Process planning determines how a product is to be manufactured and is therefore a key element in the manufacturing process. It plays a major part in determining the cost of components and affects all factory activities, company competitiveness, production planning, production efficiency and product quality. It is a crucial link between design and manufacturing. There are several levels of process planning activities.
It provides for the planning of the process to be used in producing a designed part. Process planning is concerned with determining the sequence of individual manufacturing operations needed to produce a given part or product.
Process planning in manufacturing also refers to the planning of use of blanks, spare parts, packaging material, user instructions manuals etc. The term "computer-aided production planning " is used in different contexts on different parts of the production process; to some extent CAPP overlaps with the term "PIC" production and inventory control.
Process planning translates design information into the process steps and instructions to efficiently and effectively manufacture products. As the design process is supported by many computer-aided tools, computer-aided process Computer aided process planning thesis CAPP has evolved to simplify and improve process planning and achieve more effective use of manufacturing resources.
Process planning encompasses the activities and functions to prepare a detailed set of plans and instructions to produce a part. The planning begins with engineering drawings, specifications, parts or material lists and a forecast of demand.
The results of the planning are: Routings which specify operations, operation sequences, work centers, standards, tooling and fixtures. This routing becomes a major input to the manufacturing resource planning system to define operations for production activity control purposes and define required resources for capacity requirements planning purposes.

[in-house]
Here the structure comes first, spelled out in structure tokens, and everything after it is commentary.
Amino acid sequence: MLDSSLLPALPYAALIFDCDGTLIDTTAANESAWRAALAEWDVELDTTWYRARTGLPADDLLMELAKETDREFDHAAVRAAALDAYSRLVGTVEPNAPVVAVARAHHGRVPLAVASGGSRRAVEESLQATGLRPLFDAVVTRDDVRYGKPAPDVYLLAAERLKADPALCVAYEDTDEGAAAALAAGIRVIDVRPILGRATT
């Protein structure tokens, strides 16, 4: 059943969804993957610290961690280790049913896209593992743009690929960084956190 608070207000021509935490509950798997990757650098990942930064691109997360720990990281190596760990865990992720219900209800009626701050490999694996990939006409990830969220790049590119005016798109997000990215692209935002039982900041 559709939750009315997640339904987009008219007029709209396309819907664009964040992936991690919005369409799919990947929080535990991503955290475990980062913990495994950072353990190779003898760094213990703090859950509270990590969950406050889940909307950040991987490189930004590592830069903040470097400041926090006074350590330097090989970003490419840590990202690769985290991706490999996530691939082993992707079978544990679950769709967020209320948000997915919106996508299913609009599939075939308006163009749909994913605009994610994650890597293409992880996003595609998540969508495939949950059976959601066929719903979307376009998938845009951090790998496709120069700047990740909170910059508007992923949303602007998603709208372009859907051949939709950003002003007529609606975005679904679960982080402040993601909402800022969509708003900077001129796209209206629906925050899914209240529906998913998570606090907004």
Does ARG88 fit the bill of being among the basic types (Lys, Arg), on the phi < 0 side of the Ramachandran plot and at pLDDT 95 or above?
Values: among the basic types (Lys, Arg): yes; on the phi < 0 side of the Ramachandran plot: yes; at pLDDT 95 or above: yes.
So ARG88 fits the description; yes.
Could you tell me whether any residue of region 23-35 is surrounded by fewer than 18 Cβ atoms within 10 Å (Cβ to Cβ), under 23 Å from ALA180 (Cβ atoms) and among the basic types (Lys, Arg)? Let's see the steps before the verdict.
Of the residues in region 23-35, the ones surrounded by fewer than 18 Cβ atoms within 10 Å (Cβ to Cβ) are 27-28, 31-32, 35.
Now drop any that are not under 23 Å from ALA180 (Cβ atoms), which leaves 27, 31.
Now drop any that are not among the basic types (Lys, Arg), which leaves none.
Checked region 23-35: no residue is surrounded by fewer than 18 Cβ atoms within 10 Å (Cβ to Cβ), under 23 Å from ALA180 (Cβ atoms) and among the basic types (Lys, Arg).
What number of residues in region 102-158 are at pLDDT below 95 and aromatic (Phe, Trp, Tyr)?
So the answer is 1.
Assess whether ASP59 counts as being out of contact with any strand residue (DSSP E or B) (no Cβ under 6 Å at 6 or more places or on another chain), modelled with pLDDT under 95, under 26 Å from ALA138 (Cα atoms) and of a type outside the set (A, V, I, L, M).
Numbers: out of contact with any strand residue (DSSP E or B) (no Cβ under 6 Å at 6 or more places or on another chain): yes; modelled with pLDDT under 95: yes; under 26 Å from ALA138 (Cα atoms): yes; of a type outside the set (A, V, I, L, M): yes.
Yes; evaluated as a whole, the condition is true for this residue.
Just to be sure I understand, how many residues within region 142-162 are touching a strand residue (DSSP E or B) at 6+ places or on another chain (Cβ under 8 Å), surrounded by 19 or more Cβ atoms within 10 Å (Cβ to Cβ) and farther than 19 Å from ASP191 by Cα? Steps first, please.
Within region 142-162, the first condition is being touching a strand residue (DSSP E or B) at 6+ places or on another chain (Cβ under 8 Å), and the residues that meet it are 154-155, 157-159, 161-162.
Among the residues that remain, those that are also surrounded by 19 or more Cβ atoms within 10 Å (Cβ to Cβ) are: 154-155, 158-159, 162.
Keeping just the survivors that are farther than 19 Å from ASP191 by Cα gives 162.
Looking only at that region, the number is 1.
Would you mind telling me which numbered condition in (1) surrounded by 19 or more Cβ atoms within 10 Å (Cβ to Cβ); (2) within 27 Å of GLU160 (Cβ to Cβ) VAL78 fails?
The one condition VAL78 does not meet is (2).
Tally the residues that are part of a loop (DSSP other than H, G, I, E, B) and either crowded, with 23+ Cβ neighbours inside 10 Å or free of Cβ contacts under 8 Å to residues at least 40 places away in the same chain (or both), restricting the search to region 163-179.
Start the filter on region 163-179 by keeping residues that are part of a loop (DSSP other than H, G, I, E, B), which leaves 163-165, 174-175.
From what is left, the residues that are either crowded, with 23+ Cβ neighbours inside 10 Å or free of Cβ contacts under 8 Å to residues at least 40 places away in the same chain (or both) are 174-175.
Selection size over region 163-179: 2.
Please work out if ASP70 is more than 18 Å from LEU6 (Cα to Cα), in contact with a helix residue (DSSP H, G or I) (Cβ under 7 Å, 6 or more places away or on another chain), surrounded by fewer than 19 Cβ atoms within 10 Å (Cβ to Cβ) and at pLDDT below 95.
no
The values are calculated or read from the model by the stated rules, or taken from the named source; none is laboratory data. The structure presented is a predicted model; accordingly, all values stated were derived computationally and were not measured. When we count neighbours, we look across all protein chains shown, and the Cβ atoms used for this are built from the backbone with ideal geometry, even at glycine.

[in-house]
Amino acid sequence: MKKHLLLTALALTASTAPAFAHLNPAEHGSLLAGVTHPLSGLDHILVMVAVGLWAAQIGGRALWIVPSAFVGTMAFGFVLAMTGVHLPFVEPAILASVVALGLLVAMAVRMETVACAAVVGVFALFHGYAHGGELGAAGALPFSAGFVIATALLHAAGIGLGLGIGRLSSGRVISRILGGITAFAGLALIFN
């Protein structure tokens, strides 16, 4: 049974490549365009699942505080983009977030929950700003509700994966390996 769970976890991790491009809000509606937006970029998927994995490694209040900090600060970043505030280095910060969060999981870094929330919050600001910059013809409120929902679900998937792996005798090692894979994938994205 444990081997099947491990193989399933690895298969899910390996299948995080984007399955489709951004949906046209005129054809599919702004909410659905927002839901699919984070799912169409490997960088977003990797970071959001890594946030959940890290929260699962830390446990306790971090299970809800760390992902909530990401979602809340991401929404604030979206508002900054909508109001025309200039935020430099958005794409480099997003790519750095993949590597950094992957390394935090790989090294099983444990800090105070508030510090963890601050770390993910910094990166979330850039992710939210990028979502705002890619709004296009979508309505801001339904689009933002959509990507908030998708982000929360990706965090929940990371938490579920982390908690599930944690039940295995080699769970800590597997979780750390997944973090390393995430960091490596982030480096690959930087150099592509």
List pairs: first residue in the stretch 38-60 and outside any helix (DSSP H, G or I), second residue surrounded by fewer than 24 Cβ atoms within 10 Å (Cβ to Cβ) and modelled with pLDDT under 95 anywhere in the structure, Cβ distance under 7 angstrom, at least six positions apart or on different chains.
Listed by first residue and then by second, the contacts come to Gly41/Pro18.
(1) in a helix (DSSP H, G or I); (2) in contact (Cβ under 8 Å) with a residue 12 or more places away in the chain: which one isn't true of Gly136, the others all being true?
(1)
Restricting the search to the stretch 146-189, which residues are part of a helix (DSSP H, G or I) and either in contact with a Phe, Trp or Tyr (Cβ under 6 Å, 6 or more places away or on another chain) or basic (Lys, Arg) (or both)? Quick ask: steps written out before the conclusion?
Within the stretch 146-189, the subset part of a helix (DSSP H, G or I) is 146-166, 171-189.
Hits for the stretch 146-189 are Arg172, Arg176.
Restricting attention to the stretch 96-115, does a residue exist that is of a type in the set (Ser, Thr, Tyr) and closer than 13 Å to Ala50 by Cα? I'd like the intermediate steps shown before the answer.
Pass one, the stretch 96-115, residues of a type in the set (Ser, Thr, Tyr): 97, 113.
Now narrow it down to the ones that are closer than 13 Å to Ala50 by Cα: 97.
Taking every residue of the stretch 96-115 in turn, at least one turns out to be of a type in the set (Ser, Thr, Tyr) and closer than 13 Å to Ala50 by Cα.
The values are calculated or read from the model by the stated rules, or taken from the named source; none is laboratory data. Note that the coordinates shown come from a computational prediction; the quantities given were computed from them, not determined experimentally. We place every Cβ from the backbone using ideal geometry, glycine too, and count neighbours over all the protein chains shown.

Process plans which typically provide more detailed, step-by-step work instructions including dimensions related to individual operations, machining parameters, set-up instructions, and quality assurance checkpoints.
Fabrication and assembly drawings to support manufacture as opposed to engineering drawings to define the part. Keneth Crow  stated that "Manual process planning is based on a manufacturing engineer's experience and knowledge of production facilities, equipment, their capabilities, processes, and tooling.
Process planning is very time-consuming and the results vary based on the person doing the planning". According to Engelke,  the need for CAPP is greater with an increased number of different types of parts being manufactured, and with a more complex manufacturing process.
Computer-aided process planning initially evolved as a means to electronically store a process plan once it was created, retrieve it, modify it for a new part and print the plan. Other capabilities were table-driven cost and standard estimating systems, for sales representatives to create customer quotations and estimate delivery time.
Future development[ edit ] Generative or dynamic CAPP is the main focus of development, the ability to automatically generate production plans for new products, or dynamically update production plans on the basis of resource availability.
In addition, a Manufacturing Execution System MES was built to handle the scheduling of tools, personnel, supply, and logistics, as well as maintain shop floor production capabilities. Generative CAPP systems are built on a factory's production capabilities and capacities. In Discrete Manufacturing, Art-to-Part validations have been performed often, but when considering highly volatile engineering designs, and multiple manufacturing operations with multiple tooling options, the decisions tables become longer and the vector matrices more complex.